The City watchdog has labelled the UK’s listing regime as being historically “slow” and missing the boat on attracting fast-growing tech companies.
Speaking at an event examining the new listing proposals put forward by the Financial Conduct Authority, Clare Cole, the regulator’s director of market overnight, said London’s listing rules have “often [been] slow and linked to European requirements.”
As a result of cumbersome practices, the regime has “missed the boat in some cases,” Cole said.
To fix the outdated structure of London’s listing rules, the FCA has launched an overhaul of the regime intended to make listing in the UK less costly. The measures incorporate recommendations from Lord Hill’s review of the listing regime and the Kalifa review of the UK fintech sector.
Changes include introducing a dual class share structure, which enable entrepreneurs to retain control over the direction of their company, and lowering the minimum free float level. The regulator has also proposed raising the minimum funding threshold.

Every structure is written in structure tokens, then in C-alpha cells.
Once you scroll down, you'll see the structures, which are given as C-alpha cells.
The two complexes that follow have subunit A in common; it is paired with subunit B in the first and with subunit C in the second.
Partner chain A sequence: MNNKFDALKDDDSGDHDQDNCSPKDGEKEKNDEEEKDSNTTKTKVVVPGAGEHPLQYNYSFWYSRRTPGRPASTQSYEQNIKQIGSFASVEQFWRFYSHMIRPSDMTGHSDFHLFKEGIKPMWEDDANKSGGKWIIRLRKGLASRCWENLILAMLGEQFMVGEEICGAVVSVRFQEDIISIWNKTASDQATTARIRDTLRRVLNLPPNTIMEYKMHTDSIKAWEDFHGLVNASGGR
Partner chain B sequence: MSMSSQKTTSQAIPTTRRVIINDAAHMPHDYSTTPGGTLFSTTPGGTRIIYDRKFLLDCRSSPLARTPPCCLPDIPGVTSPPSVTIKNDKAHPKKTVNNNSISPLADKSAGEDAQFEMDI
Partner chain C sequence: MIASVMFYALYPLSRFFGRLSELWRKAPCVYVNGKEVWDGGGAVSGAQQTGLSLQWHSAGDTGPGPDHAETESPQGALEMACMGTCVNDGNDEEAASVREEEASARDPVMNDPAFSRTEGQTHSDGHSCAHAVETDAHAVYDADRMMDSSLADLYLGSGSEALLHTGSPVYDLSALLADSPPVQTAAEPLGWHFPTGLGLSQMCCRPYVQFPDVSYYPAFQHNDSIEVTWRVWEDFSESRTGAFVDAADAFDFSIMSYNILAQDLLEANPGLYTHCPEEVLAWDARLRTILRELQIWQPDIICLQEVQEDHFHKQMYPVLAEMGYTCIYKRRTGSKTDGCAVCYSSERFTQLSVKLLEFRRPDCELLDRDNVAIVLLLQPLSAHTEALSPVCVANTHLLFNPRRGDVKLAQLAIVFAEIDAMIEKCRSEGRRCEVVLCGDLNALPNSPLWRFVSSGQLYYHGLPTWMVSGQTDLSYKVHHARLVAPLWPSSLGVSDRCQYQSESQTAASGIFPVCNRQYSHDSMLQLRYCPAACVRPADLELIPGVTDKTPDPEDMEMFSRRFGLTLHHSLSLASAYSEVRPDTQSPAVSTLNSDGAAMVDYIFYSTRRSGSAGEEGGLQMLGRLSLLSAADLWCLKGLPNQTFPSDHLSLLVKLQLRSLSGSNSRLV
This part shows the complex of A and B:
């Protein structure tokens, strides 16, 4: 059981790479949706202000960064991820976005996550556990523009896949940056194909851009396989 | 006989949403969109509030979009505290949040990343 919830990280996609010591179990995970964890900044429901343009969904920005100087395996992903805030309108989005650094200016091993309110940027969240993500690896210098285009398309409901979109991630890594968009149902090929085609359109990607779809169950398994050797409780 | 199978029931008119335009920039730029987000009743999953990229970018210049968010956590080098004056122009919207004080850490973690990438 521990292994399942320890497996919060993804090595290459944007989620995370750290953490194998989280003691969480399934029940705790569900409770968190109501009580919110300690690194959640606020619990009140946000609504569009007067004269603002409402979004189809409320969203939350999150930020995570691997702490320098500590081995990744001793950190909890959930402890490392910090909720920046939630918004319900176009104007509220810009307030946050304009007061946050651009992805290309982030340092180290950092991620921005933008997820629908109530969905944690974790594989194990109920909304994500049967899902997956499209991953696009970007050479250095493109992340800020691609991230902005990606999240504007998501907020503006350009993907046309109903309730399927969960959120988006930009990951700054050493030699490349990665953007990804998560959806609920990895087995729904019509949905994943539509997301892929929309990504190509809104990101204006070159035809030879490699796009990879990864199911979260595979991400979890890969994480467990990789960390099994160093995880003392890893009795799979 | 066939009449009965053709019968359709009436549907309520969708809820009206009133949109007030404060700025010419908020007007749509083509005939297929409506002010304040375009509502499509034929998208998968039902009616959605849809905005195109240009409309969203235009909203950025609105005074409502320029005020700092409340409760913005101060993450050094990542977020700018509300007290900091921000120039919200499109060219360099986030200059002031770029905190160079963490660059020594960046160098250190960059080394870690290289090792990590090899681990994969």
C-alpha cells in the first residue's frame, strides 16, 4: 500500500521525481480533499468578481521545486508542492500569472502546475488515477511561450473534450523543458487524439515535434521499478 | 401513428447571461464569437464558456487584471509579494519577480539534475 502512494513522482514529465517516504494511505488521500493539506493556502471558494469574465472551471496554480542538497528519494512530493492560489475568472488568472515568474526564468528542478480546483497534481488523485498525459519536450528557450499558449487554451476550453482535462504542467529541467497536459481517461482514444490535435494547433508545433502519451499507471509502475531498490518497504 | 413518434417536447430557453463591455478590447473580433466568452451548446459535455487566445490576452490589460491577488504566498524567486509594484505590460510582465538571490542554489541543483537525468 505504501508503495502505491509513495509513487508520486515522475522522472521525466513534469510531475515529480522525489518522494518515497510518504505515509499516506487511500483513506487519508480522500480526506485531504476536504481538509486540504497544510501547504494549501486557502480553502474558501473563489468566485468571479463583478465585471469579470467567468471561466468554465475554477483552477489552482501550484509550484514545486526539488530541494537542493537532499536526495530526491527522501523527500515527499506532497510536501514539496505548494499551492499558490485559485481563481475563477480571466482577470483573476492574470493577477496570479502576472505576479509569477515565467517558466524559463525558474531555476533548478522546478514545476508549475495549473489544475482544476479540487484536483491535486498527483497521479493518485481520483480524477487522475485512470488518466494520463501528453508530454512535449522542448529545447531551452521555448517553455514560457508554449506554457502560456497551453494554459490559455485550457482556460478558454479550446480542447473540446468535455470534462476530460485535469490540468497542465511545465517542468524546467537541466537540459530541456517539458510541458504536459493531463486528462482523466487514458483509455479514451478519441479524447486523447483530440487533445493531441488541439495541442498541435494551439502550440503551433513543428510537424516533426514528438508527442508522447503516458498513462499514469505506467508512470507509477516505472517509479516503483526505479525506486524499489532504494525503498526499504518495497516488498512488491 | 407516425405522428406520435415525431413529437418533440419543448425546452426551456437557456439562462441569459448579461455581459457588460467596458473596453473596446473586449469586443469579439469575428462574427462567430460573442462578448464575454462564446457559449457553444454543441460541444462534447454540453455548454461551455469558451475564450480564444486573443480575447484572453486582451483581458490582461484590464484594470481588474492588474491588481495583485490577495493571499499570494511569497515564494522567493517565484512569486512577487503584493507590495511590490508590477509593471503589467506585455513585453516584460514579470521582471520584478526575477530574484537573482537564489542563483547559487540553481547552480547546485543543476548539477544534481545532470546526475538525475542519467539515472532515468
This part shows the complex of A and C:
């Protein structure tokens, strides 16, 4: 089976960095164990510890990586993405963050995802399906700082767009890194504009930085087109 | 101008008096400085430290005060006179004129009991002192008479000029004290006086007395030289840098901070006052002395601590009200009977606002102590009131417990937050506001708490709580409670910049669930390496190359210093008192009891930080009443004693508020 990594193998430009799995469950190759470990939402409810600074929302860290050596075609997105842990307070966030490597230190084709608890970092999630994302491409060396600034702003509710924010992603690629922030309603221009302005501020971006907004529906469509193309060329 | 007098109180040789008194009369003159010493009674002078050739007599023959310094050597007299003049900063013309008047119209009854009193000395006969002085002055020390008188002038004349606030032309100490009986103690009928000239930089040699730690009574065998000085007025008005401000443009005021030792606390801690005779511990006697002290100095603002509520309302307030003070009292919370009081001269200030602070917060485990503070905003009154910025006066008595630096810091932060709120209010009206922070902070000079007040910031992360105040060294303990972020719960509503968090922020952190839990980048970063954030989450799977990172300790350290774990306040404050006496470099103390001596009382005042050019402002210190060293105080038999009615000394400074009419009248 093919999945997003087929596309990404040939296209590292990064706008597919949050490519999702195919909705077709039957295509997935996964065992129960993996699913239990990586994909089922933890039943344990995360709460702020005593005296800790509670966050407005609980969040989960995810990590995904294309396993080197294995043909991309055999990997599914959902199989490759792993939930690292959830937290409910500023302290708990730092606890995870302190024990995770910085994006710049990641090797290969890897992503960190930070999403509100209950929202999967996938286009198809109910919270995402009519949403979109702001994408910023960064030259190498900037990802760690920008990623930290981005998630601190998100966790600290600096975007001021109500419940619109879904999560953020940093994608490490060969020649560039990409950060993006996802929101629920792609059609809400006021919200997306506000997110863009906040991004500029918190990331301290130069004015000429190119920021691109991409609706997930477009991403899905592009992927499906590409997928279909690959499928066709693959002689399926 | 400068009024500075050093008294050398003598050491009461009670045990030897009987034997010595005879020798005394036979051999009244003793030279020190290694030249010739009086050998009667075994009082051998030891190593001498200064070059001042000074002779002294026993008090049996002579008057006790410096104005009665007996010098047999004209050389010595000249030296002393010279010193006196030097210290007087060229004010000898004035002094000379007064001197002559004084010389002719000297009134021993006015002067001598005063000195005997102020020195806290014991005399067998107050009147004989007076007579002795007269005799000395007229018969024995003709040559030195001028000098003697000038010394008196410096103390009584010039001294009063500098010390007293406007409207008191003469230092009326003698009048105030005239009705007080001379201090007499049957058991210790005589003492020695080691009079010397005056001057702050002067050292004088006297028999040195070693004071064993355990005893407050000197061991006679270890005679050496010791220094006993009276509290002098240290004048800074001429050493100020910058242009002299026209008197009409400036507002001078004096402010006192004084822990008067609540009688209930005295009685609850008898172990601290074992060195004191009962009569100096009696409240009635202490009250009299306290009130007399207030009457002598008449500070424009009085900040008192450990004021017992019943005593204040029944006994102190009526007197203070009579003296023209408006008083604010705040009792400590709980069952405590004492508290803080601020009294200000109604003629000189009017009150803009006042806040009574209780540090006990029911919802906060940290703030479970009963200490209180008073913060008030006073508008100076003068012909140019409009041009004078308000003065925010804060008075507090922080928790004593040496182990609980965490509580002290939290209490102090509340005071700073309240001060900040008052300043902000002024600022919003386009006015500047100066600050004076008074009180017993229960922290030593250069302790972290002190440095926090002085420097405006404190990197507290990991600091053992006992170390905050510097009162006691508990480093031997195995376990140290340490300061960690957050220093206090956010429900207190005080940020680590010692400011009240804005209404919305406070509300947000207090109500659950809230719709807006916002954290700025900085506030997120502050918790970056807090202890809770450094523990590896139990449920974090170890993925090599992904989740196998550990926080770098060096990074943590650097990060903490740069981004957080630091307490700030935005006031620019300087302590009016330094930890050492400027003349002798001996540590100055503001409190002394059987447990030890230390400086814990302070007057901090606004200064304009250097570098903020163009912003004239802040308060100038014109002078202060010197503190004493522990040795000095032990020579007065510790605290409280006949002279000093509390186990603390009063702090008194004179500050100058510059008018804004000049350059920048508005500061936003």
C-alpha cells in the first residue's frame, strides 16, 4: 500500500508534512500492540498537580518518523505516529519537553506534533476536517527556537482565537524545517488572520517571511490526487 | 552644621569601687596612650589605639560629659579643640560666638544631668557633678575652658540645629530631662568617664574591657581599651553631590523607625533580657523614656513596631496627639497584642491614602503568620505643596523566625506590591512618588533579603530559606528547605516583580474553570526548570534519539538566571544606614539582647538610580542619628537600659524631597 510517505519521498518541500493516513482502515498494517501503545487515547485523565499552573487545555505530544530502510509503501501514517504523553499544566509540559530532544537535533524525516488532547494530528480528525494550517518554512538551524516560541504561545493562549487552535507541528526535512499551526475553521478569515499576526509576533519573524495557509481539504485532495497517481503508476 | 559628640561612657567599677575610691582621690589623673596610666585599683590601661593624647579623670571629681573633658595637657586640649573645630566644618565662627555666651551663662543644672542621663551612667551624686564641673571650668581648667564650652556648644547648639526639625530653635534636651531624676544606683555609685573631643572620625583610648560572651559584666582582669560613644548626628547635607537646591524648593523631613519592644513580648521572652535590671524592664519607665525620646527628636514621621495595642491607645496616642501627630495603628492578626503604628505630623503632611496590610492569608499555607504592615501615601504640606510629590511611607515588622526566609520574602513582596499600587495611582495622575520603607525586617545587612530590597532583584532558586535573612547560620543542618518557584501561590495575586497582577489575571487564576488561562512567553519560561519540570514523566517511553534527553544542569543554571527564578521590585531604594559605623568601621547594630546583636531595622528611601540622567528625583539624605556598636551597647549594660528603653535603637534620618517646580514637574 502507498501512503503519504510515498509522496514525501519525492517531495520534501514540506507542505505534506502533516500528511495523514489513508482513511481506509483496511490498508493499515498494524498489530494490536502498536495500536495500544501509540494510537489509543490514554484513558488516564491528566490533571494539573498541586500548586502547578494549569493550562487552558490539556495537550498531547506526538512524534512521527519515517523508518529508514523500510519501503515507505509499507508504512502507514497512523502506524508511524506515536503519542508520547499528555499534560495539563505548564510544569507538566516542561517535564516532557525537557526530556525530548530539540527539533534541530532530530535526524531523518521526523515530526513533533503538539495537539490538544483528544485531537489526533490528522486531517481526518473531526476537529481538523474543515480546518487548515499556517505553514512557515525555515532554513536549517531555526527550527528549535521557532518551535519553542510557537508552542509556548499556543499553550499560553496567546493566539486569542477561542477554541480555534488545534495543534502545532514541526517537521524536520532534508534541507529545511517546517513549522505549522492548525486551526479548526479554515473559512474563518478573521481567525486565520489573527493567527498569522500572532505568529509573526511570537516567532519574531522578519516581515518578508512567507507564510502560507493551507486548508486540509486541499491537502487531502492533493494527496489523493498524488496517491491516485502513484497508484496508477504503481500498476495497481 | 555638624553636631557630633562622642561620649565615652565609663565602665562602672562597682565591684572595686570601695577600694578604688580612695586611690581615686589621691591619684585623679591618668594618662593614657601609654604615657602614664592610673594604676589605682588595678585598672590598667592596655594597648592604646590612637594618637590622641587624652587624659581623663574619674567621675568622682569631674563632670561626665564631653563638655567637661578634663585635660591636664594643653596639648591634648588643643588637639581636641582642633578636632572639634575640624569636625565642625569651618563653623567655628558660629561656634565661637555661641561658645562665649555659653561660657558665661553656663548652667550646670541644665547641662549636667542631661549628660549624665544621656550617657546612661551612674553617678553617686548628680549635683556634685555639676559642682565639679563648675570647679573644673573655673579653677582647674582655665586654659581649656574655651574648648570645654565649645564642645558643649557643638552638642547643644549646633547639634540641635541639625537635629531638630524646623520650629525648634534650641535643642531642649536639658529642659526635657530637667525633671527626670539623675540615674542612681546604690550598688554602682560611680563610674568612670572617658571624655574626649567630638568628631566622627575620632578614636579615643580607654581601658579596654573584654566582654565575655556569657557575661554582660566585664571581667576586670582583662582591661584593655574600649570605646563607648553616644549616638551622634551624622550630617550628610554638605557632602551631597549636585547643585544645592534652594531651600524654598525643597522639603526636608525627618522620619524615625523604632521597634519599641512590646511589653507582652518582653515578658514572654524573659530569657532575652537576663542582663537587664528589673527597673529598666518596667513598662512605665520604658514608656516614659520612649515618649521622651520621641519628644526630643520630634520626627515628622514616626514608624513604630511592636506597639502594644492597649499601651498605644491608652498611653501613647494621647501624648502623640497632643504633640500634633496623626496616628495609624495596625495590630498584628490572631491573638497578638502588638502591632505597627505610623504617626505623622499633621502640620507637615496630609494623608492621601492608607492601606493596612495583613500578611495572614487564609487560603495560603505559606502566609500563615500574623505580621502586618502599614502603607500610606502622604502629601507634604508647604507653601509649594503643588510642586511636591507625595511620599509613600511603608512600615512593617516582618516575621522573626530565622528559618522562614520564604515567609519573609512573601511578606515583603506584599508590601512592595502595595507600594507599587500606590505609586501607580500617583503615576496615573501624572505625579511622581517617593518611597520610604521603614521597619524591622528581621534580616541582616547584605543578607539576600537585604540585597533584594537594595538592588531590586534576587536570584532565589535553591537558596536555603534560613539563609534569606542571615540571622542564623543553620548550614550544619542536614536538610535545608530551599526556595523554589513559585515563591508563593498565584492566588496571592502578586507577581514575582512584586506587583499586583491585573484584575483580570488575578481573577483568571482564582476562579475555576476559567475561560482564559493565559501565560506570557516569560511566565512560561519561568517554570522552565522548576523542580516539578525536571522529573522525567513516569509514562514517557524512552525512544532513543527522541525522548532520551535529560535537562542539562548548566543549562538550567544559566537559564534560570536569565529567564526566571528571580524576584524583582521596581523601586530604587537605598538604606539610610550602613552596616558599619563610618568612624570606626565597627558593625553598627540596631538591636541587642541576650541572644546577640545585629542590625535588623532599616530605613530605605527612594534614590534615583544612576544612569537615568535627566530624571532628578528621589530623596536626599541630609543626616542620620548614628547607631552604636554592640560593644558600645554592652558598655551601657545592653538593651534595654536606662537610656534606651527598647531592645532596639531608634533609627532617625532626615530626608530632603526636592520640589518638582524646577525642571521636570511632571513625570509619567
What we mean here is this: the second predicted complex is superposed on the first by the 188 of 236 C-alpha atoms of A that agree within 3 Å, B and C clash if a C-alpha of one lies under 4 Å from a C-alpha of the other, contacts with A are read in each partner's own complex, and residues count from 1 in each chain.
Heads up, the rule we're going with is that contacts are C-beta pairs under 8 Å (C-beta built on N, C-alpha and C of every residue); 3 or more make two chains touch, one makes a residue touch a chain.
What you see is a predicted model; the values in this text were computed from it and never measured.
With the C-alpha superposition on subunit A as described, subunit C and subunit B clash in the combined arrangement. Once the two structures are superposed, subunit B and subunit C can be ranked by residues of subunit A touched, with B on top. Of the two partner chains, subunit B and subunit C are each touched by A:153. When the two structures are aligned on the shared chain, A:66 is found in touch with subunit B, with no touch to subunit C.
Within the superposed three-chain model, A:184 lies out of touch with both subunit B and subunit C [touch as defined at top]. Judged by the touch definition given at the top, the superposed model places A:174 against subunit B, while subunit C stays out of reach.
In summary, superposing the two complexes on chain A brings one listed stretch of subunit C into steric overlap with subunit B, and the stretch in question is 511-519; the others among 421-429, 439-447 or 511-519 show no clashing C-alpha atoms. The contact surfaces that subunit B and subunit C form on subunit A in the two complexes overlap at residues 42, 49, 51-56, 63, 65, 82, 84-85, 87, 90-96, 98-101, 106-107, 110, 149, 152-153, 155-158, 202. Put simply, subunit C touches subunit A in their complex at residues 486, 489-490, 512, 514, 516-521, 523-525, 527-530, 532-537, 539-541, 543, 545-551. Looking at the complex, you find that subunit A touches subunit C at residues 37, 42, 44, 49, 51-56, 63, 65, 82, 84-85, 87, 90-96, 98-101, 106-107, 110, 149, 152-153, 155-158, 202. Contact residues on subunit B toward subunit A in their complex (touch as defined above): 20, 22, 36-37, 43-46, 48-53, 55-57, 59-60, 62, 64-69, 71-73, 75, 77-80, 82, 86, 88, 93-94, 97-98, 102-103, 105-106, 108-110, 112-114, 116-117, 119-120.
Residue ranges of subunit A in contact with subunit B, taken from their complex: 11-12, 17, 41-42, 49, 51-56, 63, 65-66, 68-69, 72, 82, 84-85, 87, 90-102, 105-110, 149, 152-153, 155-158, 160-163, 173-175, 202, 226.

The proposals are intended to attract tech, fintech and fast growing businesses to London markets.
“This review has been described as a ‘once in a lifetime opportunity’ – I think that’s right and I certainly think this is exciting,” Cole said.
“We want investors, be they institutional or retail, to be able to share in the growth of these new and innovative companies.”
Cole addressed concerns over smaller firms’ diluted governance credentials, explaining fresh requirements to provide more information on board diversity and meeting climate goals would ensure smaller companies “meet the expectations of the investors.”
The FCA needs to channel the nimble approach it adopted during the pandemic into policy making, Cole urged. The regulator relaxed rules for listed companies during the height of the Covid crisis, such as allowing for delays in publishing financial statements.
The City watchdog launched a consultation seeking responses from financial services firms on the effectiveness of the UK’s listing regime, which closed on Tuesday. The new rules are expected to come into force by the end of the year.